I'd like to do my 24-28 week sugar testing with a meter rather than the typical 1 hr glucose screen. Is there any reason not to do this? I failed the 1 hr screen in my previous pregnancy (3 hr GTT was ok) and found it to be rather stressful. If this works just as well, I find it preferable. Not to mention I'd be testing with food that I actually eat.
The second part is how to pay for all the equipment. Test strips are expensive, while the standard screen and GTT are free. I'll check with my insurance company. I should ask if and how they cover diabetic supplies, right? I'm not sure if they'll go it without a diagnosis. How many test strips would I need?
I don't know about testing with a meter and paying for the equipment simply because I don't think it's terribly cost effective. I don't think an insurance company would pay for them without an official diagnosis of diabetes.
I don't do the traditional glucose screen because it makes me so ill. Instead, I ask the doctor to draw a hemoglobin A1C. It gives them an overall picture of what my glucose control has been like over the previous 60-90 days. It gives a much better overall picture and for the most part I haven't ran in to much opposition when I've discussed it.
Wife to a wonderful husband, mom to 5 amazing boys, 2 m/c and Knox Cornelius our 5th son born at 15weeks 12/3/2011, Lillian Faith our 1st daughter, born at 14 weeks May 19, 2012 (Turner Syndrome).
As the PP pointed out the Hba1c tells you what your sugars have been like for the previous two months. As GDM usually develops between 26-28 weeks an Hba1c won't be useful for diagnosis until 34 weeks at best. It will tell you if you had undiagnosed Type II diabetes prior to pregnancy though.
The one hour glucose challenge test is a screening tool not a diagnostic. It's not worth the trouble IMO and the hospital where I work and have my babies doesn't do it at all.
The two or three hour glucose tolerance test is not without faults but is the most reliable test we have at the moment.
Mother of two spectacular girls, born mid-2010 and late 2012
Also, I had a conservative cnm in an OB practice, so a diagnosis of GD would have made me high risk and made a natural birth more difficult. I did not feel I was high risk since, unlike many moms, I was willing and able to control w diet.
My insurances varied, sometimes paying for strips sometimes not. They are about a dollar apiece. Often a meter is available for free online since the strips are where the money is. Mine was insurance paid under Durable Medical Equipment, I went to a special pharmacy. A diabetic relative also had some about to expire extra strips and a free meter she passed along. Even paying for some it was worth it to have a healthy pregnancy without the label.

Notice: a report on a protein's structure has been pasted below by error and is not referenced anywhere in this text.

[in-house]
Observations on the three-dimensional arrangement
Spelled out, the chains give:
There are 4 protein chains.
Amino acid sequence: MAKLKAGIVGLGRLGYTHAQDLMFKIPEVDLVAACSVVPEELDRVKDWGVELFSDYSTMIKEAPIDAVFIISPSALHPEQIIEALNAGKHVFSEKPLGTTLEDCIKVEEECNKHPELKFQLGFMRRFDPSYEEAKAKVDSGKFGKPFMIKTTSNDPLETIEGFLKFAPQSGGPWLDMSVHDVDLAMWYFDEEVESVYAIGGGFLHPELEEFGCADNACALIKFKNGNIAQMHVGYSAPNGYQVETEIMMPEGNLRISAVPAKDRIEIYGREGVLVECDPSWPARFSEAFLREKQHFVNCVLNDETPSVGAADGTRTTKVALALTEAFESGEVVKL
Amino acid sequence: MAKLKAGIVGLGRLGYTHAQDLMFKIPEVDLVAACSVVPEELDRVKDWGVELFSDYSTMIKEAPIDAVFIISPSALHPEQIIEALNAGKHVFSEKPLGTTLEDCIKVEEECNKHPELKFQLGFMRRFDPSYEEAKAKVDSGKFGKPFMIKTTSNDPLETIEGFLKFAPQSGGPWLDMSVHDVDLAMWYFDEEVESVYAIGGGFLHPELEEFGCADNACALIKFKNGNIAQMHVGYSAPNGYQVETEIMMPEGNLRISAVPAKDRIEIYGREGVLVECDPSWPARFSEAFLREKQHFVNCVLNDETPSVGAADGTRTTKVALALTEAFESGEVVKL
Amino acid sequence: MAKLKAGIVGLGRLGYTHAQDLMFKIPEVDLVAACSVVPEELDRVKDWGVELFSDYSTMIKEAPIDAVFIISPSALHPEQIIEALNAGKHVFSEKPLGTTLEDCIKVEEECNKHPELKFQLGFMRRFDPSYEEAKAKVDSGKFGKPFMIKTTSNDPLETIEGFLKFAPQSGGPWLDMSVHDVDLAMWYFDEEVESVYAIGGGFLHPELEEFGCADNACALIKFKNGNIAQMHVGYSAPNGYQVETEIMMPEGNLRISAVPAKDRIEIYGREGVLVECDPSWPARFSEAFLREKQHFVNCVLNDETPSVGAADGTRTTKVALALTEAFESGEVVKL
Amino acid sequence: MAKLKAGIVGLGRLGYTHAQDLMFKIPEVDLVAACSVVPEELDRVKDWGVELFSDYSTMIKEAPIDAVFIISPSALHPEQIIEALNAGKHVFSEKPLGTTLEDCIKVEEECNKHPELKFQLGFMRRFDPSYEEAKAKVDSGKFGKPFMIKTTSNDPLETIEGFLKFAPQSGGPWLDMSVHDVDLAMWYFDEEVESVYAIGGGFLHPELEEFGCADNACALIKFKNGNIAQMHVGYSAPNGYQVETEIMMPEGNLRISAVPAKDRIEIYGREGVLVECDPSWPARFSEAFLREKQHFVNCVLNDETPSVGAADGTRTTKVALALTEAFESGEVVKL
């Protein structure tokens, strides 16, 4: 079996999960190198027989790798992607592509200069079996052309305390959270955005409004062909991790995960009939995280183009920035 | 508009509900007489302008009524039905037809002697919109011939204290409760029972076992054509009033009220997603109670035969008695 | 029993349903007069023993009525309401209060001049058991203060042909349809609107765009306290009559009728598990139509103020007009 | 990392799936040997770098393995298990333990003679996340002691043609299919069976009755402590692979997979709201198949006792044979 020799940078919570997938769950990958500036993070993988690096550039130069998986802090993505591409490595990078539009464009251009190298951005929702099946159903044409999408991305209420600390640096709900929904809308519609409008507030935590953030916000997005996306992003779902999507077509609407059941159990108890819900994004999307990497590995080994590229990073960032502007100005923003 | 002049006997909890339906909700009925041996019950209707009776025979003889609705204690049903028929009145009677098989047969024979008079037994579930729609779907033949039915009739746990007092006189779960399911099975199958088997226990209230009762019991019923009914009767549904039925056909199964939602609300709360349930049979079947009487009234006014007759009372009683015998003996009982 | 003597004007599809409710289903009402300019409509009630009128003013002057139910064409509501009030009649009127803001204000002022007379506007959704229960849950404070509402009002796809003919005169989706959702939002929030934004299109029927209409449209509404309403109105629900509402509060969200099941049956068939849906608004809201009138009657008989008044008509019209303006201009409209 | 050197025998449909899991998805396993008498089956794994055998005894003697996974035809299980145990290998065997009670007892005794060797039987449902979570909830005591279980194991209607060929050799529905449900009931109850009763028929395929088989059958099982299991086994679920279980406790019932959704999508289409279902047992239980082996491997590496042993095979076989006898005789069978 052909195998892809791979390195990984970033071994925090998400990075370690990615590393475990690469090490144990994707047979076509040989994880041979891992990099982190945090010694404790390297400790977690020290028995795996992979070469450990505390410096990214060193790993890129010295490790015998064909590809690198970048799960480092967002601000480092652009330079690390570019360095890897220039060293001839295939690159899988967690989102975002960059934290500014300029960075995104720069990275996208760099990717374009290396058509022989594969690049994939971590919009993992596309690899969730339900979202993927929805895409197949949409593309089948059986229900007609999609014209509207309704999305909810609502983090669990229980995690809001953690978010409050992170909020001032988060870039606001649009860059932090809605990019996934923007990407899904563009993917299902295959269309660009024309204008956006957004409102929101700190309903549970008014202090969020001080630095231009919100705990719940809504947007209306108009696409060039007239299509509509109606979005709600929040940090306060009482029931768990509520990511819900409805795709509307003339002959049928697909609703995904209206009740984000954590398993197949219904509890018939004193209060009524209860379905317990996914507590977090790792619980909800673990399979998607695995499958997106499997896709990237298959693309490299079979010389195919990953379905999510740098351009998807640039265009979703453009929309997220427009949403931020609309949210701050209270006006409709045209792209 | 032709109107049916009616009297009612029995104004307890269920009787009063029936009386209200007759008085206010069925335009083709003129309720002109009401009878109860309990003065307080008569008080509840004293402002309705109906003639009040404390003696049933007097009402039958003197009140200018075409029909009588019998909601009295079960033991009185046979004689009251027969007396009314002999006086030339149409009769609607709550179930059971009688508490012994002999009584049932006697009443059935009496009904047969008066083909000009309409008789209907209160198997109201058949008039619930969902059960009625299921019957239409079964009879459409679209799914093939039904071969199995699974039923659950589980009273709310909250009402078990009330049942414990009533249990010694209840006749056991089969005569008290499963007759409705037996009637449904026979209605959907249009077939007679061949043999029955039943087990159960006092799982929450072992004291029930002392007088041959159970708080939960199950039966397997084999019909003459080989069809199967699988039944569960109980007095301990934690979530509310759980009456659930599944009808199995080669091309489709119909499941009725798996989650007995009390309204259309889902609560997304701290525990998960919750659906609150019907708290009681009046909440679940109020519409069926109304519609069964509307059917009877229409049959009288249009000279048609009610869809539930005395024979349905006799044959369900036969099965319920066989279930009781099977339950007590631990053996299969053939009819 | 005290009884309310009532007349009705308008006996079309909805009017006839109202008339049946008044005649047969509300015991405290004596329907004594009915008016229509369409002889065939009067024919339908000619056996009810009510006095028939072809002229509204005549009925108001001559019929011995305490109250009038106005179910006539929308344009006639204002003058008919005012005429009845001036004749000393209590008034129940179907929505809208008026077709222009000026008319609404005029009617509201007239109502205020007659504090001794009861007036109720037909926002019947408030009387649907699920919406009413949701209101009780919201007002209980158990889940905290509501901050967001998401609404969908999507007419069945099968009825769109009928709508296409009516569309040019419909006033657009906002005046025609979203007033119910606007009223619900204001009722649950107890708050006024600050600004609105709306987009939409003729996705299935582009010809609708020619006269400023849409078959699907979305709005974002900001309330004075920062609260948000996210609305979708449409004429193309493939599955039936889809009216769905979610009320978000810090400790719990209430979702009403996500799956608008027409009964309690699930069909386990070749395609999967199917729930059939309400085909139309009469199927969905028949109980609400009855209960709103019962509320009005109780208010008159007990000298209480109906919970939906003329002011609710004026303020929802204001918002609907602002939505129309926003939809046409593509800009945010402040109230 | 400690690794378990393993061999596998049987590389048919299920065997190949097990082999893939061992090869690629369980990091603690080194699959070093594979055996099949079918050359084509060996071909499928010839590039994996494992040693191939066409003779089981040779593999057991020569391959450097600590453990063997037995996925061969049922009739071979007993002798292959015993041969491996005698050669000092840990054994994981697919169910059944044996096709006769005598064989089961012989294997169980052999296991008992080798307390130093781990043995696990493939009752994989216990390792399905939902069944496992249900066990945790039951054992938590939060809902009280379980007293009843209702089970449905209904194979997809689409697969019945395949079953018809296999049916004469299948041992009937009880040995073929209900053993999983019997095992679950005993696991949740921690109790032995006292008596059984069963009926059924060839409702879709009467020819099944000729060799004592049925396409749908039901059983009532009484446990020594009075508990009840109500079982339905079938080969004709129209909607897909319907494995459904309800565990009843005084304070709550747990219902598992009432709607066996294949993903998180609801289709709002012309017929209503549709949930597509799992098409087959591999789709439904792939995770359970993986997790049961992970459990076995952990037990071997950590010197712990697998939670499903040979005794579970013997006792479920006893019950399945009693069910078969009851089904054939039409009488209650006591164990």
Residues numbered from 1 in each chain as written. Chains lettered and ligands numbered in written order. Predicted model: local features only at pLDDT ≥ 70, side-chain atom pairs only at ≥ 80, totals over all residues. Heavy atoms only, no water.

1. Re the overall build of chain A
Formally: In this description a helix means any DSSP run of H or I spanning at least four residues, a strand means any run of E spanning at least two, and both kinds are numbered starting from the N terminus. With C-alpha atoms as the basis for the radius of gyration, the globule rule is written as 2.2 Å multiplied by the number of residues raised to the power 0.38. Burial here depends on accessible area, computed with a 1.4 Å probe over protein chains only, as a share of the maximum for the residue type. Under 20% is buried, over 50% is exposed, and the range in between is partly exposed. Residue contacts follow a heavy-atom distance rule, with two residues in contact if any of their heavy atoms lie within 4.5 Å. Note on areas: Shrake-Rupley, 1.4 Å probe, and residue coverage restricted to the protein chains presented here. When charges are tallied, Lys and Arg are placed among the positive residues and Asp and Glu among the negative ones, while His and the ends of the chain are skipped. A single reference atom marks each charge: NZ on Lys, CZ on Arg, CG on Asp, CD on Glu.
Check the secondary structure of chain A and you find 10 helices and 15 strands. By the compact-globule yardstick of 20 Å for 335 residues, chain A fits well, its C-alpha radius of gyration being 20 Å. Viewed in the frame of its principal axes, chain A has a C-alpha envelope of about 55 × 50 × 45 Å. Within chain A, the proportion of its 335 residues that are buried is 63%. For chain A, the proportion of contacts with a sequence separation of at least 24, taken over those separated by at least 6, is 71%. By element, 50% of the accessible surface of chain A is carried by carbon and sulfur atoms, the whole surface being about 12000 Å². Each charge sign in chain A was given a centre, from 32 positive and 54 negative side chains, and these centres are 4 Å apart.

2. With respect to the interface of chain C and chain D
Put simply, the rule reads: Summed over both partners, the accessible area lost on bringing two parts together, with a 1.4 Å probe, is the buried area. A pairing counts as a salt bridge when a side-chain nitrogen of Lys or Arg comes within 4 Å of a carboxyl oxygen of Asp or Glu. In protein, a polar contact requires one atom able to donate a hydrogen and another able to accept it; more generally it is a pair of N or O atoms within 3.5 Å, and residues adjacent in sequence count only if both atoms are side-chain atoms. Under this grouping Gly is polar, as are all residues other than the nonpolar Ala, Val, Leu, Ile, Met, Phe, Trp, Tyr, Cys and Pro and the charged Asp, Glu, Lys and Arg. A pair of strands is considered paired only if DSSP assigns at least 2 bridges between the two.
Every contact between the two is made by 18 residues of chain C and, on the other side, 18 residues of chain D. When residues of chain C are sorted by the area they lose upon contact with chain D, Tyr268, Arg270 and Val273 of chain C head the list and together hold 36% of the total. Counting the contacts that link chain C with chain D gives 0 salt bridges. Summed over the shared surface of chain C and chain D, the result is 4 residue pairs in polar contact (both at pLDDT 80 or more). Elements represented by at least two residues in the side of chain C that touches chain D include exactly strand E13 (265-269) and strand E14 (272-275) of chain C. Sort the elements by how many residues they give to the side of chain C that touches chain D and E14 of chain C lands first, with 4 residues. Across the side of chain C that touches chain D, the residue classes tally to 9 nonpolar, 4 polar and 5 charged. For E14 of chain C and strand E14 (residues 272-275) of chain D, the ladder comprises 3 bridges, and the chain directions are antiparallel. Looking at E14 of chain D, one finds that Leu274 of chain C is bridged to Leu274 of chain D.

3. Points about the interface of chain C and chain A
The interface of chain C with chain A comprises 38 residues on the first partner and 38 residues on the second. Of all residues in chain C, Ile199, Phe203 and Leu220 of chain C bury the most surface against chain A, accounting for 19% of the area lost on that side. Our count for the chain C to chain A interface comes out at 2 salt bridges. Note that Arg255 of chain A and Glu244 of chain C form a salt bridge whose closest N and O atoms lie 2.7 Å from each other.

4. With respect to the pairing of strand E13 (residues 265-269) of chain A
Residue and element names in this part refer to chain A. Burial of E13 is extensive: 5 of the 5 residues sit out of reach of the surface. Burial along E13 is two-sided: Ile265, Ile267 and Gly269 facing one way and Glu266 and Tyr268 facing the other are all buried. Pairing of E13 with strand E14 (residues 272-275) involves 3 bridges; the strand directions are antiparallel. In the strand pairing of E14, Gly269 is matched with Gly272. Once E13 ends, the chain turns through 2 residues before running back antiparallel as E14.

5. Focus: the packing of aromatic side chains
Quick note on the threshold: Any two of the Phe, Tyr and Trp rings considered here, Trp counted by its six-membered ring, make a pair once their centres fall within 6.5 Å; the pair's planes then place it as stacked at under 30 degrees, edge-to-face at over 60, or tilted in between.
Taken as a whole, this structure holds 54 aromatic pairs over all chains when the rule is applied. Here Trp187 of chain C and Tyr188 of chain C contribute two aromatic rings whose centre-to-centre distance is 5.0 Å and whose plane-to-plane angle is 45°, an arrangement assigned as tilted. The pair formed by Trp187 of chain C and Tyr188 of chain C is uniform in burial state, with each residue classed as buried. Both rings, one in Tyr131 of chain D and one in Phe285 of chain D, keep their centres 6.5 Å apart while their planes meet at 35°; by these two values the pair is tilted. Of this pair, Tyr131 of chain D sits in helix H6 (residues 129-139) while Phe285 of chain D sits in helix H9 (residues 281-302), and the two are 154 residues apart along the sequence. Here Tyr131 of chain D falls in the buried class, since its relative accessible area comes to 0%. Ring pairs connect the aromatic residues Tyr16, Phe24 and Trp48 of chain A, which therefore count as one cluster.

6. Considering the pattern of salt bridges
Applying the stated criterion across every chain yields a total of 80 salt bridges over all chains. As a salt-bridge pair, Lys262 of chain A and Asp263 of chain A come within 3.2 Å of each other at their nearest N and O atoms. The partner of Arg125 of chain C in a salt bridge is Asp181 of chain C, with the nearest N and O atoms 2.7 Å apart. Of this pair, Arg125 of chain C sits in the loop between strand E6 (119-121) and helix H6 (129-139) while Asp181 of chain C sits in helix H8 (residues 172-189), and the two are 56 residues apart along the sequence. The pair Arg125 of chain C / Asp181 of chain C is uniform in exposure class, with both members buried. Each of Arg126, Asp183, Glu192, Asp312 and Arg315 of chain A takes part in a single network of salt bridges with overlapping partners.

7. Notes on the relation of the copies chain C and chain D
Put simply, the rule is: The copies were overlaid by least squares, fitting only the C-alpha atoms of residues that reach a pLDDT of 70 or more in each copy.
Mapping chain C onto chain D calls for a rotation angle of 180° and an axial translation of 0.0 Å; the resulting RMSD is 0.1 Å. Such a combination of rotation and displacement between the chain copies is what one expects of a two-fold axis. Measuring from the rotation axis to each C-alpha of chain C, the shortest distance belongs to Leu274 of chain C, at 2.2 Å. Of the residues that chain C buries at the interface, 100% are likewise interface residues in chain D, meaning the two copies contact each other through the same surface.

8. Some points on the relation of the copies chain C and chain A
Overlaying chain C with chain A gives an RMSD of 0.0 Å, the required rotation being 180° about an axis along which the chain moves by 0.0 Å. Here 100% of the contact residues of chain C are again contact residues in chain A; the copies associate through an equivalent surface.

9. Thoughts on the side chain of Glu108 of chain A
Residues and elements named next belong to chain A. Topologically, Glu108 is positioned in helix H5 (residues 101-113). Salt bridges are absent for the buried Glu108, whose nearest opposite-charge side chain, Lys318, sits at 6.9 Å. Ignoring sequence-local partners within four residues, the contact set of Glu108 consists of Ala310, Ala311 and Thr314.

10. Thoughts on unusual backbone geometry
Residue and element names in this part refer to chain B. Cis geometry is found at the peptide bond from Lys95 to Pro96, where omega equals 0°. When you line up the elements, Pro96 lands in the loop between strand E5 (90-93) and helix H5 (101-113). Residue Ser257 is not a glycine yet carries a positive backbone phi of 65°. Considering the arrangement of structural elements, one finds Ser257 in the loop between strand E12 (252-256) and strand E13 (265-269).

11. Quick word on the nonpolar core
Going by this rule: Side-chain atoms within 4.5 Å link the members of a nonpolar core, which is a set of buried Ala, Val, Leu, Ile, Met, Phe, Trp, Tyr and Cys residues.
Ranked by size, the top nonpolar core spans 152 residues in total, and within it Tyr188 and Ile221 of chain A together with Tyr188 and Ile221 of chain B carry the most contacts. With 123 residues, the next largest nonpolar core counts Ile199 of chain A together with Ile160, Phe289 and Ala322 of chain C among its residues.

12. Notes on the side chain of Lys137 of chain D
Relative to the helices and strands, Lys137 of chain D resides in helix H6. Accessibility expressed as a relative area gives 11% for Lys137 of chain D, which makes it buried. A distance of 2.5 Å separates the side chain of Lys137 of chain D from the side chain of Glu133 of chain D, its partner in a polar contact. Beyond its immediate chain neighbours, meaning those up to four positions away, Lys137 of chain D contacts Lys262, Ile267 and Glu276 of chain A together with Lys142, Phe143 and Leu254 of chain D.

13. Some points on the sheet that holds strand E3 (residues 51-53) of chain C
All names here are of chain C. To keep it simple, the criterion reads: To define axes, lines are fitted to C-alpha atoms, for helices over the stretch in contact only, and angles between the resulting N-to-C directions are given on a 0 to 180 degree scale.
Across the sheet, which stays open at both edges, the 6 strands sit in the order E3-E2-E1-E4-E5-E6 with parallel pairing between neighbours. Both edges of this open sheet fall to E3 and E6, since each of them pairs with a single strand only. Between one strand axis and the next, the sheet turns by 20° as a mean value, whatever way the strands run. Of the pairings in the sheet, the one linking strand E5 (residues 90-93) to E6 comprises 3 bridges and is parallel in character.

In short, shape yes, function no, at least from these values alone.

My widwife the first time was skeptical at my suggestion to self test but agreed, and on the subsequent pre gnancies a different CNM actually admitted she felt it was better but that most women don't want that many pokes. My babies also stayed almost the same weight as their oldest sibling instead of being larger as we thought they might be and were healthy, natural births. Blessings, hth
Thanks for the replies. We haven't talked about preferences yet. I have a couple more weeks before it's relevent and wanted to research myself a bit first.
I was expecting to test 4x/day; but if my levels were fine, I thought maybe a week would be enough.
My midwives are pretty laid back. I had considered not taking the screen the last pregnancy, since it was fine my 1st pregnancy and the only risk factor I had was age (and I was only 30). We didn't talk about self-testing. I decided on my own to do the screen, but she was fine either way. I'm not concerned about the label issue with them if I did turn out to be positive.
It makes sense (to me) to see how I react to real food, instead of a one-time test of something I don't normally eat. However, I also realize that GTTs are respected diagnostic tools. And I'm trying to save money, so a free test rather than I different one that I pay for is appealing.
It kind of seems like if self-testing is done properly, it's mostly about preferences. Self-testing isn't diagnostic, of course, but you can find the same end of keeping the levels in check.